Wednesday, October 8, 2008

A metaphor for a young life

The subject of Alzheimer's came up last week because I was transcribing interviews with caregivers. After a break, some legal stuff and then some autism stuff, I'm back to an Alzheimer's caregiver today -- in this case a young woman who left college to help her overwhelmed mother deal with her father's deterioration. Little did this woman know at age 20 that nine years later she would still be a caregiver. She spoke, as the interviewer noted, like a post-trauma stress sufferer, except she's still caregiving.

She was largely very inarticulate, searching for words and thoughts and was painful to listen to, let alone transcribe. When she left college she had been a typical very young woman, self-absorbed, glad to be free of family and still unformed as a full adult personality. But her instinct when she saw her parents in great distress was to help. Now, she has not lived a separate life, has not done the typical things that most 20-somethings do as they finish their education and being adult life in the workplace and get into the serious dating phase looking for a mate.

The young woman came up with a thoroughly poetic metaphor, the full truth of which I suspect she does not realize. Hearing her come up with it out of the morasse of her confused words almost gave me a chill. She said, I feel as though these years have been like a glacier. Glaciers move slowly but they change the entire geology of the earth. I feel I was a desert but the glacier that these years have been has changed my life to one of lakes and I have no idea what is in those lakes. I was stunned by the appropriateness of this metaphor from a woman who had for well over an hour been struggling just to speak a whole sentence. She will some day realize how apt and she will probably be glad that that glacier changed her from a superficial, thoughtless young woman to someone with deep experience of life who can feel that she rose to a difficult challenge and made life better for both her father and her mother.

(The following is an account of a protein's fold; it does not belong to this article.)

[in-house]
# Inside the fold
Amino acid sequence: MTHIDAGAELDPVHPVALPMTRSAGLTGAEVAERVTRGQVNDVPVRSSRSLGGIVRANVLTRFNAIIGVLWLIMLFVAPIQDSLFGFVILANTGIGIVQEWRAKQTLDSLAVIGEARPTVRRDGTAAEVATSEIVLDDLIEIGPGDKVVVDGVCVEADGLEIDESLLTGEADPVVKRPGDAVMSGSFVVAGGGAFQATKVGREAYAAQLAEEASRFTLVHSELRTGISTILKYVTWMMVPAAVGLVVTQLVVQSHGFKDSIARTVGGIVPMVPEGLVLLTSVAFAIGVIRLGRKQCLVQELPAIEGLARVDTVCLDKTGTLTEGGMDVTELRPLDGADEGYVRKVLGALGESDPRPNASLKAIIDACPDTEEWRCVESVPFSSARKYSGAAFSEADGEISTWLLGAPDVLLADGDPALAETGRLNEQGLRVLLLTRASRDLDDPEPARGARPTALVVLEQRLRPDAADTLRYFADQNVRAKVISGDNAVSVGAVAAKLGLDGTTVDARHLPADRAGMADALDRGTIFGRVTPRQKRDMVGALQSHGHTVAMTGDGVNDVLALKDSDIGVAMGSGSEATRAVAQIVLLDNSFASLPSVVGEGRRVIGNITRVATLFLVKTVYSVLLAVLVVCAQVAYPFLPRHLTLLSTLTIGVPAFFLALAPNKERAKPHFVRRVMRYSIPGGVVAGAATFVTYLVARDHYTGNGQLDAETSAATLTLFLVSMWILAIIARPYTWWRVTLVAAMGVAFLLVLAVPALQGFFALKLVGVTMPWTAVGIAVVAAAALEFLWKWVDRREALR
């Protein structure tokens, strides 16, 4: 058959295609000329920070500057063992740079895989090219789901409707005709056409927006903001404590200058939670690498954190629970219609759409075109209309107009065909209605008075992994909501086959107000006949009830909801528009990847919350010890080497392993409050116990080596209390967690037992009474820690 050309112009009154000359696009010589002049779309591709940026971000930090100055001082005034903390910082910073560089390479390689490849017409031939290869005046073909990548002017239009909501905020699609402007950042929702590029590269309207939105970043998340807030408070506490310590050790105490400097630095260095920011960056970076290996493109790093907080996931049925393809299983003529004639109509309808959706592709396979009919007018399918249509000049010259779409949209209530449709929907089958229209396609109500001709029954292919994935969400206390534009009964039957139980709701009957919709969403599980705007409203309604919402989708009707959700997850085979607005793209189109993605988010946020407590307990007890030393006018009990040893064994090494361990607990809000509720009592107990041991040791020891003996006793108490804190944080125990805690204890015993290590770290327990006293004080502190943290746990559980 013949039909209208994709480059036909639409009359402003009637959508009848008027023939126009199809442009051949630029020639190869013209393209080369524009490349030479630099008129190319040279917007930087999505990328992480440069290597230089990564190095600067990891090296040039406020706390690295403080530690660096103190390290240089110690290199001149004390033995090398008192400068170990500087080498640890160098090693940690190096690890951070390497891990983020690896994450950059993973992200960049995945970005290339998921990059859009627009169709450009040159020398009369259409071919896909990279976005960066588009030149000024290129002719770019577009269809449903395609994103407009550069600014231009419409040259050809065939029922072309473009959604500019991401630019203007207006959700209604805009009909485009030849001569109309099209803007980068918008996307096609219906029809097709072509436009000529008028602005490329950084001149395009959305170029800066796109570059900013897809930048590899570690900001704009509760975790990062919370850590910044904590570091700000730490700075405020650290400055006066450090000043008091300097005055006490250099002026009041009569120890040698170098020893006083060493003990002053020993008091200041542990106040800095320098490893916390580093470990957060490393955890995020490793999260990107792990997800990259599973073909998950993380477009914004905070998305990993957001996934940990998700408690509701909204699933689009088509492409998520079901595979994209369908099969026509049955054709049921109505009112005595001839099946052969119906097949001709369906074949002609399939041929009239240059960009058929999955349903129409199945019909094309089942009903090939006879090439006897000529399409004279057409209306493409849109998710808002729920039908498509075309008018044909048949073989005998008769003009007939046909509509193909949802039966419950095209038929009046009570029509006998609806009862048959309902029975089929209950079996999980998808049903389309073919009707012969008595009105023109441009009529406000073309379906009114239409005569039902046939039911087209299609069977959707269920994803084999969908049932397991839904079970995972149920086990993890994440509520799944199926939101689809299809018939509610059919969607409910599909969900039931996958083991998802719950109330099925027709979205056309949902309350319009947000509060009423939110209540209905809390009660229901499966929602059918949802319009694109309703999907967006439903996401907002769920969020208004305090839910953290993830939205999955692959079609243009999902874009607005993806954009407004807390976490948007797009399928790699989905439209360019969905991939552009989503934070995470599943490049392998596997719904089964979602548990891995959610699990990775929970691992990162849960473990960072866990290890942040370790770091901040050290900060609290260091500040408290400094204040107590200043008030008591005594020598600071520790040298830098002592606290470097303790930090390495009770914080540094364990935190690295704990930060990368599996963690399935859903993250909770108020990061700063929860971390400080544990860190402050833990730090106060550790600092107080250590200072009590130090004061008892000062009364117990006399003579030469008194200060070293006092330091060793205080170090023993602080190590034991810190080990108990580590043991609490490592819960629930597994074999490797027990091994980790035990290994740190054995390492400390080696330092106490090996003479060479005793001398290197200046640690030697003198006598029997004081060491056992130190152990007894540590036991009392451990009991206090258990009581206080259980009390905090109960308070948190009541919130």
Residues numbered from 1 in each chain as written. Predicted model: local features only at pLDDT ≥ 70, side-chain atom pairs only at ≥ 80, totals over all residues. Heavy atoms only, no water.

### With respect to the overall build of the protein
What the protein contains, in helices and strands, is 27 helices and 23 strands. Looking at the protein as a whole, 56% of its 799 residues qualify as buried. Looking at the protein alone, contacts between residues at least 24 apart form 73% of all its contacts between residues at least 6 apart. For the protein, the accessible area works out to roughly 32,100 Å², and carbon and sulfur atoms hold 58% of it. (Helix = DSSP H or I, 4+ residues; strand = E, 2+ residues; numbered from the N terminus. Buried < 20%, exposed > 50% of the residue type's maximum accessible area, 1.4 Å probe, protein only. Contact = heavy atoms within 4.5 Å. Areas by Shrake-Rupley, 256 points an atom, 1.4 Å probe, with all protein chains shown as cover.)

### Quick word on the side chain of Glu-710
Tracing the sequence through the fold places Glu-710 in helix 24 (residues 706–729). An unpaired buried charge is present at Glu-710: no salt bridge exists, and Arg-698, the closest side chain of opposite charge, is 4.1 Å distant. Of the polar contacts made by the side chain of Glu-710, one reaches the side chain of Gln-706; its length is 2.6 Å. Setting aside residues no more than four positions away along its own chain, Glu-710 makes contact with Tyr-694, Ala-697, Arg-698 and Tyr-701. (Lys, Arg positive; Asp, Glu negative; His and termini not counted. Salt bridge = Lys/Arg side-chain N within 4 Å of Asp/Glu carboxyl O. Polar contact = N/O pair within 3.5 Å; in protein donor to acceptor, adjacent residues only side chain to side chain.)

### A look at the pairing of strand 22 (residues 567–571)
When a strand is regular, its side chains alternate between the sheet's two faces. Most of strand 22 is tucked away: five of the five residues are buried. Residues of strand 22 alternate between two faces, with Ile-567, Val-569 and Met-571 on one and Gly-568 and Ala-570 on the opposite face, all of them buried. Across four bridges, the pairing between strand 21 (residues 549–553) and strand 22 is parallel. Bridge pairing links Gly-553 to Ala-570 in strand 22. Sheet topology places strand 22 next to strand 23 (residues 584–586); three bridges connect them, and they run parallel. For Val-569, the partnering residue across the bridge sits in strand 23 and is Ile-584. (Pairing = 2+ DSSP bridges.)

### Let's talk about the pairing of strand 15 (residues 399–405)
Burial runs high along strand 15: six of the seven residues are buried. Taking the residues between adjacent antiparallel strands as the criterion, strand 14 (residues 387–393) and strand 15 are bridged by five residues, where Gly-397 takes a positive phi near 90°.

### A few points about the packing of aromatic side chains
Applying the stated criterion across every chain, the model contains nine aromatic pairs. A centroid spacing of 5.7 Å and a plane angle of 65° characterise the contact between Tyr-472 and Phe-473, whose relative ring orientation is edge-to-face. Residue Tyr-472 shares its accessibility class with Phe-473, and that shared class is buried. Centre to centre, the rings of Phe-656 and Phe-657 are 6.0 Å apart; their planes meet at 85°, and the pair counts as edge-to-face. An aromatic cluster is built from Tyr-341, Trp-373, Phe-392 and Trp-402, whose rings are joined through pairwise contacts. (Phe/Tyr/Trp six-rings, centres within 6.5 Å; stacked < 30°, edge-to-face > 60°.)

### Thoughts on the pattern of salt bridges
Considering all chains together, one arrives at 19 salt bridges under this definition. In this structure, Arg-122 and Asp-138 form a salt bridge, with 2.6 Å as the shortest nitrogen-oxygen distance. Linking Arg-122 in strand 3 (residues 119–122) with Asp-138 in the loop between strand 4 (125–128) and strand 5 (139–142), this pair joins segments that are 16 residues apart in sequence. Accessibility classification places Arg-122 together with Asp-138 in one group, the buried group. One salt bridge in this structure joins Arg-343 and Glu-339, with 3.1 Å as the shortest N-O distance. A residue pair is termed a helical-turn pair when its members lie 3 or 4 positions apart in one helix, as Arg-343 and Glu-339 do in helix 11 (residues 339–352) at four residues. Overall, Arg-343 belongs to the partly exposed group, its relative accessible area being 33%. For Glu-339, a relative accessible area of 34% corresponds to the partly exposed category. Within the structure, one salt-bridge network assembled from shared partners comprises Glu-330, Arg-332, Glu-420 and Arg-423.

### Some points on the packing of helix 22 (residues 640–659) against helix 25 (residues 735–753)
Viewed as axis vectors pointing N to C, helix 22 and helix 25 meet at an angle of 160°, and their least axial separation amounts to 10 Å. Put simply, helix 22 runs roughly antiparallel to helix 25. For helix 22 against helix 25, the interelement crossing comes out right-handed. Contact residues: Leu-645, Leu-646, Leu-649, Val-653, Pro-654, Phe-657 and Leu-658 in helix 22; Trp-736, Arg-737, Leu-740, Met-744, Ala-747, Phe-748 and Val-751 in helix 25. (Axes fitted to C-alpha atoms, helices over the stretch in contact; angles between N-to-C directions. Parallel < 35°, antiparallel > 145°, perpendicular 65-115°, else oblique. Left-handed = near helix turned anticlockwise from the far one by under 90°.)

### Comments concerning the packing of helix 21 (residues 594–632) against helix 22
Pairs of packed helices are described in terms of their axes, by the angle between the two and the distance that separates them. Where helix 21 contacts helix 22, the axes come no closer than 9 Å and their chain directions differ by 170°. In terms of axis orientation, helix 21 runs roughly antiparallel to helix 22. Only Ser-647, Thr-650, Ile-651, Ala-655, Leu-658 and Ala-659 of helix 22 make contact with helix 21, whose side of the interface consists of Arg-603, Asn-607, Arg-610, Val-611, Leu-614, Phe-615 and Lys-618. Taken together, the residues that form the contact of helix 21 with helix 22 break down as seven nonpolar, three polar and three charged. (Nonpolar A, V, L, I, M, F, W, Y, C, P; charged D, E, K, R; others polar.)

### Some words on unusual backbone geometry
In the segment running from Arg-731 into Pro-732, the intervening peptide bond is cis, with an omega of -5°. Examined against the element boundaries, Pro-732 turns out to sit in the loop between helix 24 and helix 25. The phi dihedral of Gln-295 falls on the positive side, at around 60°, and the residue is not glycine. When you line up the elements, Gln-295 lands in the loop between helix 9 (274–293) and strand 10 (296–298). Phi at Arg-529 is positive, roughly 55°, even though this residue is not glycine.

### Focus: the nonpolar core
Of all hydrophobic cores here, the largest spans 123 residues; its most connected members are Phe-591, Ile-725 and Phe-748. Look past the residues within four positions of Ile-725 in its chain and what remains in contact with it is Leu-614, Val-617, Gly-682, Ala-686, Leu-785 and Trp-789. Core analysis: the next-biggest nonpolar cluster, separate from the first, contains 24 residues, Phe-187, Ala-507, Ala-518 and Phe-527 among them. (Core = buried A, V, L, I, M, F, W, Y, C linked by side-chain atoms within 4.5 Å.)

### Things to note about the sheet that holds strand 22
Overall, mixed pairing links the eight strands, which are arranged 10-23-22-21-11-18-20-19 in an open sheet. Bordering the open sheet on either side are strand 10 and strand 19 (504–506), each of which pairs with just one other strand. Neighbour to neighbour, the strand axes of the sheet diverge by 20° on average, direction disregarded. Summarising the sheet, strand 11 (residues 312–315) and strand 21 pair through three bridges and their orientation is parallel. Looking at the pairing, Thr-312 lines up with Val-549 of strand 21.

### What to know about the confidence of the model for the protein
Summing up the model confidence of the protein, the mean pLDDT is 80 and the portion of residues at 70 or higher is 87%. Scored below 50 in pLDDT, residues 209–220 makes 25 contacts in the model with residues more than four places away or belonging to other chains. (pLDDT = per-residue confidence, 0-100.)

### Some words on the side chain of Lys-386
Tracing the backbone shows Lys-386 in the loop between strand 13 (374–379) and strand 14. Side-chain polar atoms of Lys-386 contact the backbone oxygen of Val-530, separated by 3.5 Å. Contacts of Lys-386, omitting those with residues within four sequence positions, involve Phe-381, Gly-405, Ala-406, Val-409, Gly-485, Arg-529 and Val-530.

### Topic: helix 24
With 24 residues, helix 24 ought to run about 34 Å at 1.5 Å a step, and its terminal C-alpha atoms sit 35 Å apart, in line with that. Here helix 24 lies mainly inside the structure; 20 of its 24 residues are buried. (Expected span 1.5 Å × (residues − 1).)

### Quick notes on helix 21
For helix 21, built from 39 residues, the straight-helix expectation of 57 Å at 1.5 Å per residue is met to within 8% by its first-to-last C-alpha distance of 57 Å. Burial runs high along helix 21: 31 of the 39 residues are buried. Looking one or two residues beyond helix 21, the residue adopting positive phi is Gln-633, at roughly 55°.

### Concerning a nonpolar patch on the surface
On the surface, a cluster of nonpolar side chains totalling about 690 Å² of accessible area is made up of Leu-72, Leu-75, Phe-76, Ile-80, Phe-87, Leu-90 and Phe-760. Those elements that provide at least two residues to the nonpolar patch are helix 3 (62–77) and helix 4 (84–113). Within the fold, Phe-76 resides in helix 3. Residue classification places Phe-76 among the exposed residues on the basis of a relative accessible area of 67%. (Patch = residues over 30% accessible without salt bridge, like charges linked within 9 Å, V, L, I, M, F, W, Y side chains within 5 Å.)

While she and the interviewer feel this is a very unusual thing she has had to do, that is the first world view. In our blinkered provincialism, we forget that this is how people, mainly women, in less "developed" countries have had to live their lives, caring for aging, needy elders. To what extent are we "developed" and to what extent have we lost our generosity and kindness and love and respect for those who are older and needy? Does cultural "advancment" mean an emphasis on a greed for individuality, that makes people afraid of the natural deterioration and the care tho oldest people or those with Alzheimers, even when when the onset is "early" may need?

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